SCHOOLTEACHER Olive Kitteridge is the thread that binds together this collection of thirteen short stories exploring the richness of small-town New England life. Set in Crosby, Maine, the stories depict daily struggles—a lounge singer ...
Author: Judy Gelman
“Part cookbook, part celebration of the written word, [The Book Club Cookbook] illustrates how books and ideas can bring people together.” —Publishers Weekly "We are what we eat, they say. We can eat what we read, too. The Book Club Cookbook by Judy Gelman and Vicki Levy Krupp (Tarcher/Penguin, $21.95), first published in 2004 and now newly updated and revised, offers up dozens of new recipes inspired by book clubs’ favorite books, their characters and authors." —USA Today "It's pretty much a no-brainer why we love something like The Book Club Cookbook - it combines two of our all-time favorite things: food and books. Even better - the recipes in the book let us get a fuller experience of our favorite novels by thinking up recipes either inspired by the story or literally contributed by the author as essential to the book." —Flavorwire "The Book Club Cookbook excels at offering book groups new title ideas and a culinary way to spice up their discussions." —Library Journal Whether it's Roman Punch for The Age of Innocence, or Sabzi Challow (spinach and rice) with Lamb for The Kite Runner, or Swedish Meatballs and Glögg for The Girl with the Dragon Tattoo, nothing spices up a book club meeting like great eats. Featuring recipes and discussion ideas from bestselling authors and book clubs across the country, this fully revised and updated edition of the classic book guides readers in selecting and preparing culinary masterpieces that blend perfectly with the literary masterpieces their club is reading. This edition features new contributions from a host of today's bestselling authors including: Kathryn Stockett, The Help (Demetrie's Chocolate Pie and Caramel Cake) Sara Gruen, Water for Elephants (Oyster Brie Soup) Jodi Picoult, My Sister's Keeper (Brian Fitzgerald's Firehouse Marinara Sauce) Abraham Verghese, Cutting for Stone (Almaz's Ethiopian Doro Wot and Sister Mary Joseph Praise's Cari de Dal) Annie Barrows, The Guernsey Literary and Potato Peel Pie Society (Annie Barrows's Potato Peel Pie and Non-Occupied Potato Peel Pie) Lisa See, Snow Flower and the Secret Fan (Lisa See's Deep-Fried Sugared Taro) The Book Club Cookbook will add real flavor to your book club meetings!
Depicting the second and third acts of the lengthy marital union of spouses Olive (McDormand) and Henry (Richard Jenkins) Kitteridge, the film expands Kids' contemplation of long-term monogamy across a longer temporal structure.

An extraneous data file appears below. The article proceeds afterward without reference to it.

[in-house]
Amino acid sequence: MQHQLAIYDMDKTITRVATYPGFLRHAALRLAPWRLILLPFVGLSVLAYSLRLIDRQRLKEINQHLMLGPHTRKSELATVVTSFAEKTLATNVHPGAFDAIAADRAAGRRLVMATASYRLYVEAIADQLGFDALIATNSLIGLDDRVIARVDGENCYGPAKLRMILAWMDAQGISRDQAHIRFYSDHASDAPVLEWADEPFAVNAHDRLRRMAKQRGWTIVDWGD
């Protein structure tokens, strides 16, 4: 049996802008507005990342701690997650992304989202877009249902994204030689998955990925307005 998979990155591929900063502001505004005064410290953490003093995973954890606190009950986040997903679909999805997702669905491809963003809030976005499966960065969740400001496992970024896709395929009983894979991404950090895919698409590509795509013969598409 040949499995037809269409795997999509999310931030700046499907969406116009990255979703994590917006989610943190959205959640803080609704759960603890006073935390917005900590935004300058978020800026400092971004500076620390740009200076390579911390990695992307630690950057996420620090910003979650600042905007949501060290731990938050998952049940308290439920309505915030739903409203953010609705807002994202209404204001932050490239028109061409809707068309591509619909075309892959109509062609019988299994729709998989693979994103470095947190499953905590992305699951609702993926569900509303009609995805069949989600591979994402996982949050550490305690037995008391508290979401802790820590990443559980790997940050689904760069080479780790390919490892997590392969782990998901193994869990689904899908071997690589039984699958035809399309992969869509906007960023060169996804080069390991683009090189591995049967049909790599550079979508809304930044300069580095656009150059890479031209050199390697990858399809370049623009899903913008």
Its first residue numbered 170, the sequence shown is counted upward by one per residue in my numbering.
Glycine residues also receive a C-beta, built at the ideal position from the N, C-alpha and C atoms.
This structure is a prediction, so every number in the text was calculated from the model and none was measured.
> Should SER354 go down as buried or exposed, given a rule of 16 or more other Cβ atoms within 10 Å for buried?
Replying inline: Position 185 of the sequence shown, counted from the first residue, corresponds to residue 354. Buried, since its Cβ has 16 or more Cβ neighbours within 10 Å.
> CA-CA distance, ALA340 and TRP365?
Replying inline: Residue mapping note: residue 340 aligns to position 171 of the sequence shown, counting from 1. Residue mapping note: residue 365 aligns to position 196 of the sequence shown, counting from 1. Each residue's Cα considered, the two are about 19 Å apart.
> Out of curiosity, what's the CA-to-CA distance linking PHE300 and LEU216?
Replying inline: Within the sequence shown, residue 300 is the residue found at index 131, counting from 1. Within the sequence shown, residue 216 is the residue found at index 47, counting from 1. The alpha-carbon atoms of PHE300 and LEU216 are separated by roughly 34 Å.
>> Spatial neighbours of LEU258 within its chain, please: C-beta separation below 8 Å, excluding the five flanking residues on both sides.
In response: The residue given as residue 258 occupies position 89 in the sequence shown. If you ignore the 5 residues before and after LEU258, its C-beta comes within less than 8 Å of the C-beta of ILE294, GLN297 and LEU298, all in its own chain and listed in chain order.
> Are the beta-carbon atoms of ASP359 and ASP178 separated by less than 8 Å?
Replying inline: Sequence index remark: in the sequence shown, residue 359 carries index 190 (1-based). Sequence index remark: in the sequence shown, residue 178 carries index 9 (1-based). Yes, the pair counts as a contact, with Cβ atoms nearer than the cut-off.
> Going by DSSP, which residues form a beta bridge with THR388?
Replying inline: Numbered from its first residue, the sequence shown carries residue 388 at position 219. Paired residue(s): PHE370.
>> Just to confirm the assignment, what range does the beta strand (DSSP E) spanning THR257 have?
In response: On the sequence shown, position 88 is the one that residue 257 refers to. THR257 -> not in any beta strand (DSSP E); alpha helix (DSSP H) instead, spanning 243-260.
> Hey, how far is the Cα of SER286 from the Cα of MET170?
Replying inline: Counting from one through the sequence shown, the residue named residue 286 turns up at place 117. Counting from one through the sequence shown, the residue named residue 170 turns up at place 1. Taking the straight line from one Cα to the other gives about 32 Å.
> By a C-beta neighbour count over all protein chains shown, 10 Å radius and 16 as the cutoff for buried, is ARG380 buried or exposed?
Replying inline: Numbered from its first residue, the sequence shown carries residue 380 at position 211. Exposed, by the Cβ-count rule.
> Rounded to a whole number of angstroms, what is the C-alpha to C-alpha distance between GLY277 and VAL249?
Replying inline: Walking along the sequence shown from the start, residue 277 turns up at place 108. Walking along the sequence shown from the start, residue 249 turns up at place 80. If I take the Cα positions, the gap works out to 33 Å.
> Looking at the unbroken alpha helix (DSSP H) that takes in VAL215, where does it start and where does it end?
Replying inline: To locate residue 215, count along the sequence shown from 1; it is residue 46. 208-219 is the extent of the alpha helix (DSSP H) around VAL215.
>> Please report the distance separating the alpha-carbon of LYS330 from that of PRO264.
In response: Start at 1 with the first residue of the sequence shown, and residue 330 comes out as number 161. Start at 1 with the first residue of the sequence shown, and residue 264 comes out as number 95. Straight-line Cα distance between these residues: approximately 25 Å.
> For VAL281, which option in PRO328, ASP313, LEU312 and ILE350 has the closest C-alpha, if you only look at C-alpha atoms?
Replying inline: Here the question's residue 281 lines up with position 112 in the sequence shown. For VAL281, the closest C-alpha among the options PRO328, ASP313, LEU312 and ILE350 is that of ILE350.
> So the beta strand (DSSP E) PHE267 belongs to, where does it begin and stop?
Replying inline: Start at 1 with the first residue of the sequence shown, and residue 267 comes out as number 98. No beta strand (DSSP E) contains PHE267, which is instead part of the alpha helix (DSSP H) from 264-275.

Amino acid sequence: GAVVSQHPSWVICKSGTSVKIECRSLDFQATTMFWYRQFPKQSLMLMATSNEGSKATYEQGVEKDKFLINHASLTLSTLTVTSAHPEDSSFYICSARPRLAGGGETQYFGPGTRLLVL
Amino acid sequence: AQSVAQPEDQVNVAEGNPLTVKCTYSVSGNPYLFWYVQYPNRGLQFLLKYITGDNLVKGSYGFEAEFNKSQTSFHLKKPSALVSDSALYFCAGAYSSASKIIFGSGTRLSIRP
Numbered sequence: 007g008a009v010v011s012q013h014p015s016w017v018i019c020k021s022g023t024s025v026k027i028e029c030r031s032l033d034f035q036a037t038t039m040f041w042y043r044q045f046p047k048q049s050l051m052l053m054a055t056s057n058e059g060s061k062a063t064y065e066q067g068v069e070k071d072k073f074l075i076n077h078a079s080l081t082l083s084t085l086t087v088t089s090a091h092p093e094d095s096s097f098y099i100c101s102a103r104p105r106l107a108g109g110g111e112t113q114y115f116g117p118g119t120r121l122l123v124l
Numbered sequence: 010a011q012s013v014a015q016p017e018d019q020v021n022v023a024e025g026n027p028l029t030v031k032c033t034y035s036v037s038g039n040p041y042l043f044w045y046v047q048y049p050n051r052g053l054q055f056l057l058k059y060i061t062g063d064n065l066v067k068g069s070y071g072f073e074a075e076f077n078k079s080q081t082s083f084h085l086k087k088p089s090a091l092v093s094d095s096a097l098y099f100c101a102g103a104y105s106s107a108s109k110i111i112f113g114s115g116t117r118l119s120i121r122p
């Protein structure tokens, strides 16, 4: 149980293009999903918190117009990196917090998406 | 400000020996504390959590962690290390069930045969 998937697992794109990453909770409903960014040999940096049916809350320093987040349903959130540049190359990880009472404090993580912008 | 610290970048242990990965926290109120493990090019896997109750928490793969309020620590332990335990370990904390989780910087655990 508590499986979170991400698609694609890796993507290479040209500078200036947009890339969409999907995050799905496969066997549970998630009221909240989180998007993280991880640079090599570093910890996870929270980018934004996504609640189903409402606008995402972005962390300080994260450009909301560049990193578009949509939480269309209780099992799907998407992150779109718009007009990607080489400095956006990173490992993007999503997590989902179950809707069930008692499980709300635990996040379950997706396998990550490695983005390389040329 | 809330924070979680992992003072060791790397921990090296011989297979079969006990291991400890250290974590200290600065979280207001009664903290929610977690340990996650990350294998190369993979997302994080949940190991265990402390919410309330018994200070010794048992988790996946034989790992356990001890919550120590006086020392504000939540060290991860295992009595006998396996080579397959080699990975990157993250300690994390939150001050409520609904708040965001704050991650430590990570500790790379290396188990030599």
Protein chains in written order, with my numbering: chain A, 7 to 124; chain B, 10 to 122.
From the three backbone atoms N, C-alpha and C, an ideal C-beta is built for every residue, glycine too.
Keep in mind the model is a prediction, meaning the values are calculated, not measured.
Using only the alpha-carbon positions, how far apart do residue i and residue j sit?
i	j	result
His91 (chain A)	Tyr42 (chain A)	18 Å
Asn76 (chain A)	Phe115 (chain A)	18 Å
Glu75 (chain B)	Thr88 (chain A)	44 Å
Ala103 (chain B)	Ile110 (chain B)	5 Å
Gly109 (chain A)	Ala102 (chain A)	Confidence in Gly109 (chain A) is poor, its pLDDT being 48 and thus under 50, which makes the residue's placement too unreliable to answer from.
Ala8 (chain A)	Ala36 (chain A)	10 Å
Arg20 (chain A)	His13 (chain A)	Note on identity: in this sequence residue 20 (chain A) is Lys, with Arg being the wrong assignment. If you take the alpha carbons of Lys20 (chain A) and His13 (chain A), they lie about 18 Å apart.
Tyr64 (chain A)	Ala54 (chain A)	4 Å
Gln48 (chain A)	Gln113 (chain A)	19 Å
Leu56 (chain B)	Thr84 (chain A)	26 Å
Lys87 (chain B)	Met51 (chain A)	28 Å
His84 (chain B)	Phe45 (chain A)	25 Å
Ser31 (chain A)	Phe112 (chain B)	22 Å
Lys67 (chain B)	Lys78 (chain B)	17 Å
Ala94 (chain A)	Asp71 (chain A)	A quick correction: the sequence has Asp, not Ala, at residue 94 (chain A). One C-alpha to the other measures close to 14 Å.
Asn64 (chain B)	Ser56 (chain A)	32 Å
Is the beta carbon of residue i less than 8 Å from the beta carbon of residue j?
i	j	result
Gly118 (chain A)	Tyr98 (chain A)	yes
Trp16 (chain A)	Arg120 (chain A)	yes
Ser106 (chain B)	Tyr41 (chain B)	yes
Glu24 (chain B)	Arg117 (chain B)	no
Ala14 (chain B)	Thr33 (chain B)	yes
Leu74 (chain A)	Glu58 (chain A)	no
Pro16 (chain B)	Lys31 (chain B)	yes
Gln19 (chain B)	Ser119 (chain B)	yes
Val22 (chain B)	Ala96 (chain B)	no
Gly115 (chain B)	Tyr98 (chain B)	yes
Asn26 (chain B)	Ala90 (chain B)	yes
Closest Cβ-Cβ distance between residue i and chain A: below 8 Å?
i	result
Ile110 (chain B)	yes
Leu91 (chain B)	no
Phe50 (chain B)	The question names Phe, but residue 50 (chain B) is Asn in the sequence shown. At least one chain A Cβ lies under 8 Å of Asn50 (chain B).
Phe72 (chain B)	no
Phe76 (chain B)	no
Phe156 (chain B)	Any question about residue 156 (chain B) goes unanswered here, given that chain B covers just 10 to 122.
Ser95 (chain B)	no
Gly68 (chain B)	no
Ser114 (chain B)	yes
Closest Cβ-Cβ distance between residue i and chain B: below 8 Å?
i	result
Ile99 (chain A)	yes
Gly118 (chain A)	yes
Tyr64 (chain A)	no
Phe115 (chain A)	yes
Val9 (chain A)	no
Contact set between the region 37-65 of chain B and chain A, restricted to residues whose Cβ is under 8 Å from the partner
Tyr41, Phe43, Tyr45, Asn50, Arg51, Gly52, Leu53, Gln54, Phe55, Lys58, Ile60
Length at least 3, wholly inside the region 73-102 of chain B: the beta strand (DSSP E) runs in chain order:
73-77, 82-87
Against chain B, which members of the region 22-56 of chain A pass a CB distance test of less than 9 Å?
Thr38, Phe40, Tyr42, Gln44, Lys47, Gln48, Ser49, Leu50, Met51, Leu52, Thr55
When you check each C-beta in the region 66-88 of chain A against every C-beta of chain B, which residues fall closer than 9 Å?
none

Author: Maria San Filippo
Publisher: Indiana University Press
Category: Performing Arts
Is the sex on our screens simply sensationalism or is it a political strategy to help us reimagine ways of thinking about sexuality? Twenty-first century media has increasingly turned to provocative sexual content to court controversy, even scandal, in a bid to generate buzz and stand out within a glut of programming. While such an approach may at times be no more than a profitable tactic, the most probing and powerful instances of sexual provocation serve to illuminate, question, and transform our understanding of sex and sexuality. In Provocauteurs and Provocations, award-winning author Maria San Filippo looks at the provocative in films, television series, web series and videos, entertainment industry publicity materials, and social media discourses and explores its potential to create alternative, even radical ways of screening sex. New production technologies enable and amplify the distribution of "provocauteurs," who challenge sexual conventions and representational norms. Throughout this edgy volume, San Filippo examines a myriad of controversial strategies—including "real sex" scenes, scandalous marketing campaigns, full-frontal nudity, troubling texts, and divisive figures—to reveal the critical role that sexual provocation plays as a promotional strategy and authorial signature within the contemporary media landscape.
OLIVE KITTERIDGE ON BEING BEREAVED Olive Kitteridge first appears in the Pulitzer-prize-winning book of that name written by Elizabeth Strout in 2008. The book comprises 13 masterly, interconnected short stories, of which the last is ...
Author: Peter J. Conradi
Publisher: Hachette UK
Category: Family & Relationships
How do you 'prepare' for bereavement? Religious faith can help, as can ritualised codes of dress and behaviour that recognise different stages of mourning. But many of us feel singularly unprepared when we lose someone. No one 'theory' can sooth the bereaved, precisely because grief so strips us naked and profoundly wounds us. Nothing pre-cooked helps. No quick fix, no one-shot deal. In this inspirational book, Peter J Conradi draws on literature, history and philosophy to present a broad array of different voices and perspectives on grief. His carefully chosen stories, excerpts and poems offer wisdom and consolation, but they also make us think, break down taboos and sometimes even find humour and light amidst the painful, bewildering reality of death. Everyone's experience of grief is different, but reading of the myriad different ways in which others have approached it can, while not necessarily easing our grief, certainly help us feel less alone.